Graph by The Economist shows spread in Democratic presidential
vote share between the most urban and the most rural counties.
"While Mr. Biden won the nationwide popular vote last year, he lost the popular vote by 1.3 points in the median state, North Carolina. The median seat is important because it’s the one that tips control of the chamber. If we pretend that a vote for Mr. Biden is a vote for a Democratic senator and that all states elected Senators the same year, a hypothetical replay of the 2020 election would have delivered 52 Senate seats for Republicans despite their large popular-vote loss.
"To show how unfair this is, we can simulate another hypothetical 2020 election where Mr. Biden and Donald Trump were perfectly tied in terms of overall votes. The returns suggest Democrats would lose the tipping-point Senate seat by nearly six points. Assuming (again hypothetically) that all the Senate’s seats were in play, the Republicans would have won 31 states worth 62 senators—even though the popular vote was 50-50. In contrast, Democrats would have to win the chamber’s popular vote by 15 percentage points to win 62 members. . . .
"Research has shown geographic polarization persists even after you control for relevant demographic traits. An article published by James Gimpel, Nathan Lovin, Bryant Moy and Andrew Reeves in Political Behavior last year grouped Americans into different demographic buckets and still found geographic polarisation among them. For example, honing in only on people who have college degrees, the authors find that those who lived nearer to cities still vote more for Democrats than those further away. That was true when they sorted people by wealth, religion and age. There is something about the politics of place that isn’t fully captured by our demography-based understanding of politics.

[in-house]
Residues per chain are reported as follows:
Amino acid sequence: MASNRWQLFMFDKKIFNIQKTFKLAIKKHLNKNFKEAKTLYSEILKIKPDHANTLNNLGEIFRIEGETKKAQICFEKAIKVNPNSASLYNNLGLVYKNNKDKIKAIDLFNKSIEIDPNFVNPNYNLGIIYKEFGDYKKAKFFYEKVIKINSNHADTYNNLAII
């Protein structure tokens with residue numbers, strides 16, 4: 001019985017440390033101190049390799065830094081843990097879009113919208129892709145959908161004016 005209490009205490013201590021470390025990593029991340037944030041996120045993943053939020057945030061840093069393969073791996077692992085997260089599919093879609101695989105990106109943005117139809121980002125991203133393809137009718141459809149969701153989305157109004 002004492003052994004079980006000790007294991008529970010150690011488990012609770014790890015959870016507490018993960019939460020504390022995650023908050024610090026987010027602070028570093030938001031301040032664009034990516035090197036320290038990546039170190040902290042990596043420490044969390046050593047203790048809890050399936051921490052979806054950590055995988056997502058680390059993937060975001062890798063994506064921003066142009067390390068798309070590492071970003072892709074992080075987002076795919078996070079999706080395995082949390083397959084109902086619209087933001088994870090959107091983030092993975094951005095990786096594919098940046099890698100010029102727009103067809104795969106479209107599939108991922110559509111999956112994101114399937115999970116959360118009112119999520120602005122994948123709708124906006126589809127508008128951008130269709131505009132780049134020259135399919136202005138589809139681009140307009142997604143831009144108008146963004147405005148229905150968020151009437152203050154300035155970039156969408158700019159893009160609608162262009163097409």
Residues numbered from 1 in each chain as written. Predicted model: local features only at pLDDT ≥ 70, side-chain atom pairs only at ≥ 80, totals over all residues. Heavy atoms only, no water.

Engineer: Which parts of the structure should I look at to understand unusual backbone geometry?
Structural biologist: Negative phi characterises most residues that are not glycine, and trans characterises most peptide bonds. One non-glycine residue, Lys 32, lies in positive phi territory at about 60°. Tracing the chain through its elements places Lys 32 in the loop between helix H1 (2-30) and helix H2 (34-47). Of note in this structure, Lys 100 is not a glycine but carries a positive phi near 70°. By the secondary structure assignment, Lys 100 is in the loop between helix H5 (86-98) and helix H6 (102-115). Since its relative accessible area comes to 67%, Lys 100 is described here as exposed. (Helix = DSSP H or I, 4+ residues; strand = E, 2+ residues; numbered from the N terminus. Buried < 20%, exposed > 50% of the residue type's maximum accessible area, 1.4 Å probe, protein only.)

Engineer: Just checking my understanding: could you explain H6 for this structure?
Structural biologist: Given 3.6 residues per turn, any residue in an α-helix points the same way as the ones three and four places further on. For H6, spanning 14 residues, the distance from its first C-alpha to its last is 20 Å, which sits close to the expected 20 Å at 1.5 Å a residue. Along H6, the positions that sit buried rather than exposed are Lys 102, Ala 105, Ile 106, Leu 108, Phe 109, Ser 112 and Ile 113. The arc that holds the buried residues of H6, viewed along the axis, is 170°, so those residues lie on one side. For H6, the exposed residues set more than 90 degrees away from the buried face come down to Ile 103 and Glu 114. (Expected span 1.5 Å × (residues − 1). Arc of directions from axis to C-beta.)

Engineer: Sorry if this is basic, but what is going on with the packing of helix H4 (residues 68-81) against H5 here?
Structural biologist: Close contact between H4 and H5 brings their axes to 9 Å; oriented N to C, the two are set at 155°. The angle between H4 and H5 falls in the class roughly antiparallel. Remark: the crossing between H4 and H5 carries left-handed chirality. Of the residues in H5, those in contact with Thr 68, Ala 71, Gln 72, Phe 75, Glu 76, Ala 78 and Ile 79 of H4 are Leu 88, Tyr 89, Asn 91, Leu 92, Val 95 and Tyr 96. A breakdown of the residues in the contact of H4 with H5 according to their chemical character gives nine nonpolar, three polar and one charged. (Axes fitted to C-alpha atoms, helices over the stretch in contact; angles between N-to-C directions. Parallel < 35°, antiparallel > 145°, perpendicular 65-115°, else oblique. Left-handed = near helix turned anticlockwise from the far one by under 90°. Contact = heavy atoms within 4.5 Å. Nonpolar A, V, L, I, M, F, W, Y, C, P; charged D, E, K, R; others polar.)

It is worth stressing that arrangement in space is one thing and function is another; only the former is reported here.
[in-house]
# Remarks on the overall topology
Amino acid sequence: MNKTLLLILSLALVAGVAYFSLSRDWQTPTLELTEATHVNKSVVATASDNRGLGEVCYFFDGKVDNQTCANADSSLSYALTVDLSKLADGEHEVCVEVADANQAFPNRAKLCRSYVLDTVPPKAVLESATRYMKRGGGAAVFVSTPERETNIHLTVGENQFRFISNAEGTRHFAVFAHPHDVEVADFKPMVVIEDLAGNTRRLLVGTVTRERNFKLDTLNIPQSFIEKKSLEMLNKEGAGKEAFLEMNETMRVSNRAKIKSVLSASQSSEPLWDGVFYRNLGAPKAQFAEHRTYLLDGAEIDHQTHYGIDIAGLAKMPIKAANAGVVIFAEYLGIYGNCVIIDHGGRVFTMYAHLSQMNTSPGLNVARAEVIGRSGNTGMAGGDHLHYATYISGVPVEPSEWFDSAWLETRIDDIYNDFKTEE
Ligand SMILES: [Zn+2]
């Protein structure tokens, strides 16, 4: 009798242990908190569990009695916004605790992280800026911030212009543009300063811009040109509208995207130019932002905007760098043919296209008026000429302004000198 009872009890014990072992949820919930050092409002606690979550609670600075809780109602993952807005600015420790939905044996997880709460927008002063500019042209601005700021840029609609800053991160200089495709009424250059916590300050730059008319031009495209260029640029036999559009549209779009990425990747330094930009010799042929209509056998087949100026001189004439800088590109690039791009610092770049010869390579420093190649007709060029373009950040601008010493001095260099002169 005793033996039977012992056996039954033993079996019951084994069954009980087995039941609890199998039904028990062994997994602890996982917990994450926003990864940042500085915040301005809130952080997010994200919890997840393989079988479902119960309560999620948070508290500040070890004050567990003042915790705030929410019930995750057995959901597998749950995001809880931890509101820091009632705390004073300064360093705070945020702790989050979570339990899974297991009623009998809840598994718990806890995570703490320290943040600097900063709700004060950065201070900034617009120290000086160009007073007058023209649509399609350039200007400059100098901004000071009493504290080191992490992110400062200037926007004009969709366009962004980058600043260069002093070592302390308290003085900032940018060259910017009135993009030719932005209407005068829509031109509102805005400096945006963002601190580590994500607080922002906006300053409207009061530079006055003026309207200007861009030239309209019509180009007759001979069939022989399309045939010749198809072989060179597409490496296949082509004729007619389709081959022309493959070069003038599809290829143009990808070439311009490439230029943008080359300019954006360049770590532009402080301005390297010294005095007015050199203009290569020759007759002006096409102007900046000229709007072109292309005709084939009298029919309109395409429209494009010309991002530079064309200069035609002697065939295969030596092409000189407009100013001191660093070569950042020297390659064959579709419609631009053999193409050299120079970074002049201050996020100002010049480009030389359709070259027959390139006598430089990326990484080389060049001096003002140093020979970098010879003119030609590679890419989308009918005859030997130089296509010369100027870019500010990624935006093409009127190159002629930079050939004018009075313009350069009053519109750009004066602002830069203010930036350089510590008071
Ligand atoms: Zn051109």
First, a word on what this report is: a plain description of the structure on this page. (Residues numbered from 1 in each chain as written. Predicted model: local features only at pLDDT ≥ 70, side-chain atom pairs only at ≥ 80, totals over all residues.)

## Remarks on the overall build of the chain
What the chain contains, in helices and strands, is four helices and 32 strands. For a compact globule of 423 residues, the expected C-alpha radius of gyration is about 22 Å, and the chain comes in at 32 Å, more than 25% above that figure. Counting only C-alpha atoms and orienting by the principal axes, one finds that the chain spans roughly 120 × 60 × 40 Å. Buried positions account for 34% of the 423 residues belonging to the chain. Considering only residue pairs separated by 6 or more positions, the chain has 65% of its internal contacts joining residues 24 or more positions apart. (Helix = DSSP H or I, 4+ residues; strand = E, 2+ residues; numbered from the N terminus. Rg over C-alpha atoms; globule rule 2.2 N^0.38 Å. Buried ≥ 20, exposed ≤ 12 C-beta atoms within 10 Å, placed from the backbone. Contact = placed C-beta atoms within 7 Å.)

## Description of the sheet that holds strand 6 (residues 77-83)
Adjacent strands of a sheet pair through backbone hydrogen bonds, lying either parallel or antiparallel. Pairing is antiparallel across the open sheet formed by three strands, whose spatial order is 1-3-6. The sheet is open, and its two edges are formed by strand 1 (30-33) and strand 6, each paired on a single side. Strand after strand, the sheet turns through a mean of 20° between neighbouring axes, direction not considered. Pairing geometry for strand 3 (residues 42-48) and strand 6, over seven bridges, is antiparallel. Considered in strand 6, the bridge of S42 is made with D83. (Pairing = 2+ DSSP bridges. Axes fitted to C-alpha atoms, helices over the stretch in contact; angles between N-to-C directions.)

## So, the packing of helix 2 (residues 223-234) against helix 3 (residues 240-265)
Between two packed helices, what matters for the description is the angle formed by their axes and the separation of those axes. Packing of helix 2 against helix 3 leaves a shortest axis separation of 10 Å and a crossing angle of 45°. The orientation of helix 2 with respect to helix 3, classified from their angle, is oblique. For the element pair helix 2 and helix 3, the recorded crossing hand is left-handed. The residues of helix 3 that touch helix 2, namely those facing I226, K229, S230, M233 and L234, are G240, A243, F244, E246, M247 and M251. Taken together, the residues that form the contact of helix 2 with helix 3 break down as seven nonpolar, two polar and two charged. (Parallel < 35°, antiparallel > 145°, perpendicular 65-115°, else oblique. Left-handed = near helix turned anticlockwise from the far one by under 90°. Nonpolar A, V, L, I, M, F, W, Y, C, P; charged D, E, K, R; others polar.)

|Katherine Cramer's book|
"But culture and the pace of life in the two places also differ. Small towns west of the Mississippi River tend to be traditionalist, with a long history of agrarian, conservative socio-political culture. Many to the east have been battered by deindustrialization. Rural Westerners are often nostalgically individualistic, many holding a settler mindset inherited from their ancestors who made their way west in the late 1800s and early 1900s. Cities, by contrast, draw people from all walks of life and many different places, which tends to produce a more cosmopolitan outlook and progressive politics.
"Simply put, the life experiences of people in rural and urban areas are worlds apart, and politicians have exploited this divergence. Ms. Cramer notes that Scott Walker won Wisconsin’s governorship by running as an anti-city Republican tea-party candidate in 2010. Donald Trump, too, frequently demonized cities and the people that live there—continuing a long tradition of right-leaning politicians vilifying and scapegoating 'urbanites' in American politics."